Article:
Run Hot or Cold with Potato Leek Soup

New potatoes and the leeks are fine and ready, and we are still having temperatures in the seventies, so cold potato and leek soup tastes very good indeed. This winter when there are potatoes and leeks in the cellar and snow on the ground, I’ll want my soup to be hot. This recipe from Pat Southard in Howland works both ways.

Pat’s recipe is for cold soup, creamy and thick, hitting on all those notes that make for a delicious bowl full. For once, I actually followed the recipe. Well, except that the recipe called for baking potatoes which I would interpret as russets but since I grow Carola potatoes I used those. Carolas are as good an all-purpose potato as you can find anywhere, good boiled or baked or oven-roasted at 450 degrees as make-believe French fries. They worked just fine in the soup.

I eye-balled the thyme and pepper. That sort of stuff ought to be “added to taste” anyway. Speaking of taste, I added a little horseradish to the soup.

This winter I’ll make this soup hot, perhaps garnish it with bits of fried bacon. It’ll be a fine winter supper.

Hot or Cold Potato Leek Soup
  • 3 tablespoons olive oil
  • 6 cups half-inch cubed potatoes (about 3 medium)
  • 2 cups leeks in quarter-inch slices
  • 1 ¾ cups, or 1 medium, yellow onion chopped
  • 6 cups chicken broth
  • 1 cup milk
  • ½ cup sour cream
  • 1 teaspoon minced fresh thyme, or to taste
  • 1 teaspoon salt, or to taste
  • ½ teaspoon ground pepper, or to taste
  1. In a large heavy cook pot or Dutch oven, heat the oil over a medium heat.
  2. Add the potatoes, leeks and onions and cook for about six minutes or until the leeks and onions are tender.
  3. Stir in the broth and bring to a simmer; cook for 20 to 25 minutes, or until the potatoes are soft.
  4. Use a potato masher to mash the mixture to the desired consistency.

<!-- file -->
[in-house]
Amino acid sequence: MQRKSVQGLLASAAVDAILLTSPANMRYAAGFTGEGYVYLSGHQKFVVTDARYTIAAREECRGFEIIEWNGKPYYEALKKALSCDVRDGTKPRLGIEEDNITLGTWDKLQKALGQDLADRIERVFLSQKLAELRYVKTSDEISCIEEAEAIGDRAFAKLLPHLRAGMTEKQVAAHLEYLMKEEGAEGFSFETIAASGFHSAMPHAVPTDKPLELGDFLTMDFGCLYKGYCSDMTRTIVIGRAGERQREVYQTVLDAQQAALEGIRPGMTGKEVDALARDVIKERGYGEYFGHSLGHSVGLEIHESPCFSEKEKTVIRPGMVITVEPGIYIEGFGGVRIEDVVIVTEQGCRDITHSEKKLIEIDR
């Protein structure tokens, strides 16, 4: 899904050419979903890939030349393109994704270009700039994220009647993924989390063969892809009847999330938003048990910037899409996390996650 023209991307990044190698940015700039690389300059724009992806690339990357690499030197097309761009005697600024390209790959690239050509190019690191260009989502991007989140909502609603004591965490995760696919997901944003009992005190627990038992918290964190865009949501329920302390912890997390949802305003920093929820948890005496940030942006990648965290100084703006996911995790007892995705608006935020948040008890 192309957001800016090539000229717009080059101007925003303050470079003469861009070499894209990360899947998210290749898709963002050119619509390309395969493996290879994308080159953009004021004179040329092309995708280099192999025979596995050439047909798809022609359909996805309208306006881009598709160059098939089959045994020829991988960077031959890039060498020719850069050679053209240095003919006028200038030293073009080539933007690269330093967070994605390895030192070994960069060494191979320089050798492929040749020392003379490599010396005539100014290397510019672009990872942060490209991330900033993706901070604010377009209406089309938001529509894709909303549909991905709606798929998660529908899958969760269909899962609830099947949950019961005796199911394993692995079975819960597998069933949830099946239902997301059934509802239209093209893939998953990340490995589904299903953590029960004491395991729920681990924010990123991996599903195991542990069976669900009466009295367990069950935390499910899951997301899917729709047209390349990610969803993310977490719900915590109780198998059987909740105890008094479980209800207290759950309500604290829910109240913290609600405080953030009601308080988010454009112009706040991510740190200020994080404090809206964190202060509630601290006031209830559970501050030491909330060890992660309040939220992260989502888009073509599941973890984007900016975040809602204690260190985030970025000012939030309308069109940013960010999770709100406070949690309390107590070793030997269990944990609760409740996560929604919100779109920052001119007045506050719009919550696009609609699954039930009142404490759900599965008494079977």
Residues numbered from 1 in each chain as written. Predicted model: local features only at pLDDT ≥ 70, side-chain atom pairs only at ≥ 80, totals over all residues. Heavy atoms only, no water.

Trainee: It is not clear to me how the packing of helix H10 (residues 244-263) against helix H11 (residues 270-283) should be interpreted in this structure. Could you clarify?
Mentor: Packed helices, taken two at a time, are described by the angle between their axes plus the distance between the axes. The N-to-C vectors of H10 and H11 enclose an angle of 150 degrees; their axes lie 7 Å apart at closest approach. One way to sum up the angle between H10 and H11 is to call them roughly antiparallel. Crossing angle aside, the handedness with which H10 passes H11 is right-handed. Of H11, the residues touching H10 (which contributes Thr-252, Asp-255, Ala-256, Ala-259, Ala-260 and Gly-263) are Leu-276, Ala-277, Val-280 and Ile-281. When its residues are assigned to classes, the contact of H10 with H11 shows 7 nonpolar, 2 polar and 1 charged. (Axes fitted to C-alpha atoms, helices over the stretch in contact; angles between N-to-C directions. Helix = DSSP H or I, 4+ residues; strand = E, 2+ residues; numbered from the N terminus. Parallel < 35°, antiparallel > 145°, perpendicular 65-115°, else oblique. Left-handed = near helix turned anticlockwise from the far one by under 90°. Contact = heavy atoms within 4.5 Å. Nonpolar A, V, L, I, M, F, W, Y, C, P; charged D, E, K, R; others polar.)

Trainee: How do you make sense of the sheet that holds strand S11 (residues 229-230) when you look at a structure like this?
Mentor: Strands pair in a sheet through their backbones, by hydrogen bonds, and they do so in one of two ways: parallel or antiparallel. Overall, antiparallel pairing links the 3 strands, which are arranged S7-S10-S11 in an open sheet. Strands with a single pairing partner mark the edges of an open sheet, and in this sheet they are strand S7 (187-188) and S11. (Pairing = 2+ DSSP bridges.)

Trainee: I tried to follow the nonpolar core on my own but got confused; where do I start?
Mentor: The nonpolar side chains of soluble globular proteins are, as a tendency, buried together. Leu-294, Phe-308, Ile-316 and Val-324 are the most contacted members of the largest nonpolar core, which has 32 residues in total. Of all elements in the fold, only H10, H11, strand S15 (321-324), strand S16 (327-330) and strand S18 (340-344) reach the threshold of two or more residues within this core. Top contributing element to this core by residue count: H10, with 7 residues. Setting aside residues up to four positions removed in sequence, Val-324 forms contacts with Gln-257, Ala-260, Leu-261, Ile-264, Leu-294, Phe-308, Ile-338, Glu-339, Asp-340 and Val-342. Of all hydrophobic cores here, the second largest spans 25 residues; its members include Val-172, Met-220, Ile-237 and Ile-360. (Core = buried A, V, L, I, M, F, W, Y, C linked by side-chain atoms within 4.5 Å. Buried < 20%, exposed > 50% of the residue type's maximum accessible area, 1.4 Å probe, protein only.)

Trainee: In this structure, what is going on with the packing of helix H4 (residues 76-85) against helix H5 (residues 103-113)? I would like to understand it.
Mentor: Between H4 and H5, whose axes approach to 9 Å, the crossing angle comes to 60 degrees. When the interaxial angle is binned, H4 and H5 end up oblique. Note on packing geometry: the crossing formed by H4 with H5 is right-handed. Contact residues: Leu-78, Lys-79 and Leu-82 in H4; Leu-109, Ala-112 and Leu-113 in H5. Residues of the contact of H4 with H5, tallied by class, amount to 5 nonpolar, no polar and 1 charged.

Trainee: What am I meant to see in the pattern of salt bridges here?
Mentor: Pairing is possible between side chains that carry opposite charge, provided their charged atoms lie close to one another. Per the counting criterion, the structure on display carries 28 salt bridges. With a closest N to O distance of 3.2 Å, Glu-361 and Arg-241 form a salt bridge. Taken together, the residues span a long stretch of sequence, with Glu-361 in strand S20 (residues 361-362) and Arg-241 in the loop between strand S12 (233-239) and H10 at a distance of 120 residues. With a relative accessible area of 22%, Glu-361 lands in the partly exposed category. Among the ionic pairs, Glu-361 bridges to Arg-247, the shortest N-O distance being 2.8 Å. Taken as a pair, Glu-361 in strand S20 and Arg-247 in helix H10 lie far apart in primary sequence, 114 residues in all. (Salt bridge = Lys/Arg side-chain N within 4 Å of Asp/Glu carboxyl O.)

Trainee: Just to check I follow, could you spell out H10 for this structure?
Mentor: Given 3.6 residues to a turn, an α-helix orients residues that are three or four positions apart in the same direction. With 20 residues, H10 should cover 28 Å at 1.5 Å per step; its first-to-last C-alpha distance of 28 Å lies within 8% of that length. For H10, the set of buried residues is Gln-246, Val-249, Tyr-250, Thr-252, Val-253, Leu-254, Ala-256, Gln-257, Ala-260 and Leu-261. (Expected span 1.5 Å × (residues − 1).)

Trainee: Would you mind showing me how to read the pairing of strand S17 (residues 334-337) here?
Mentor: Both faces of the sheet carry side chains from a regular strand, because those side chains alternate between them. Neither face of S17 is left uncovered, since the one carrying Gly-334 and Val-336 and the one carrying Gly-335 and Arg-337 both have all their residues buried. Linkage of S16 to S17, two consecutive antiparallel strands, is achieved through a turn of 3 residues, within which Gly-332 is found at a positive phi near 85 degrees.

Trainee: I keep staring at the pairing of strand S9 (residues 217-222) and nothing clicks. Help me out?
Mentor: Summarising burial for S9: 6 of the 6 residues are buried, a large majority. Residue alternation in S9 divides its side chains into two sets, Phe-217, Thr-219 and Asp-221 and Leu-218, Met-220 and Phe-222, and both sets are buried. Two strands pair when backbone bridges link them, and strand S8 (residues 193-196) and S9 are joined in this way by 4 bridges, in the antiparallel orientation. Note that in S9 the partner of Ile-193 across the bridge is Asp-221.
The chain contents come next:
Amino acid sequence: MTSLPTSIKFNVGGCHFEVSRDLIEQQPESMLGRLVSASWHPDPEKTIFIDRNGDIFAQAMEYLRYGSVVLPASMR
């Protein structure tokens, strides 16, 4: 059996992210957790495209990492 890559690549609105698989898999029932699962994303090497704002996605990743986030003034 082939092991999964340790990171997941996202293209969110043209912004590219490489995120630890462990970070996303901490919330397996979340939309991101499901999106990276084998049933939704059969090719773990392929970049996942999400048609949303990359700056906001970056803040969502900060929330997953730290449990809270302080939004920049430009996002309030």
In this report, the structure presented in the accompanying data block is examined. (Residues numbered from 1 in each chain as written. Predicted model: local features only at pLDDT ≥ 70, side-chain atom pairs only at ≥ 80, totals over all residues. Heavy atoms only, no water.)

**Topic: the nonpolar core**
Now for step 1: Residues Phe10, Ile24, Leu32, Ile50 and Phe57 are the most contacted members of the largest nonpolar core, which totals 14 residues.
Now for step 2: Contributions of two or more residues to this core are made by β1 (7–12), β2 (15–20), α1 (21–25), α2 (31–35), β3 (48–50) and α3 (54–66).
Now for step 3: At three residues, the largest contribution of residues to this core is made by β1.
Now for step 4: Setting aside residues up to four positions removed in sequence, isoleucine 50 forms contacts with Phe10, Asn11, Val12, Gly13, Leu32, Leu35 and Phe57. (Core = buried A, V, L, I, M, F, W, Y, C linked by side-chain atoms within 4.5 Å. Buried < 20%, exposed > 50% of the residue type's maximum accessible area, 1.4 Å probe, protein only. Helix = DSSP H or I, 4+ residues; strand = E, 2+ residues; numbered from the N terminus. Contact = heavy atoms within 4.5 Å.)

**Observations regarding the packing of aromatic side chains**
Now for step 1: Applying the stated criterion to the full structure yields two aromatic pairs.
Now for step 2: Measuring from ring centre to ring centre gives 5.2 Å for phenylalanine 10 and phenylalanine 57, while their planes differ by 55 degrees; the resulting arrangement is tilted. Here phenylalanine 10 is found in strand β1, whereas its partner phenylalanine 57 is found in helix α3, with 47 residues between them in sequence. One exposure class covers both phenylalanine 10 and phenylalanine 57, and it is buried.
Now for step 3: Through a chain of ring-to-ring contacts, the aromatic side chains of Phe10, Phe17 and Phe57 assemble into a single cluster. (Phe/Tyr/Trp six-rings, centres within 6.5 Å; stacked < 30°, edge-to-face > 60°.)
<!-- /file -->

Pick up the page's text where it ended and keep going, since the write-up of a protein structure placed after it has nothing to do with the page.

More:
5. Add the milk, sour cream, and thyme, salt and pepper, and bring to a simmer or medium heat.
  6. Remove from the heat and serve immediately if serving hot. If serving cold, let it cool slightly then transfer to a storage container and chill for at least two hours or overnight.


Sandy Oliver

About Sandy Oliver

Sandy Oliver Sandy is a freelance food writer with the column Taste Buds appearing weekly since 2006 in the Bangor Daily News, and regular columns in Maine Boats, Homes, and Harbors magazine and The Working Waterfront. Besides freelance food writing, she is a pioneering food historian beginning her work in 1971 at Mystic Seaport Museum, where she developed a fireplace cooking program in an 1830s house. After moving to Maine in 1988, Sandy wrote, Saltwater Foodways: New Englanders and Their Foods at Sea and Ashore in the 19th Century published in 1995. She is the author of The Food of Colonial and Federal America published in fall of 2005, and Giving Thanks: Thanksgiving History and Recipes from Pilgrims to Pumpkin Pie which she co-authored with Kathleen Curtin. She often speaks to historical organizations and food professional groups around the country, organizes historical dinners, and conducts classes and workshops in food history and in sustainable gardening and cooking. Sandy lives on Islesboro, an island in Penobscot where she gardens, preserves, cooks and teaches sustainable lifeways.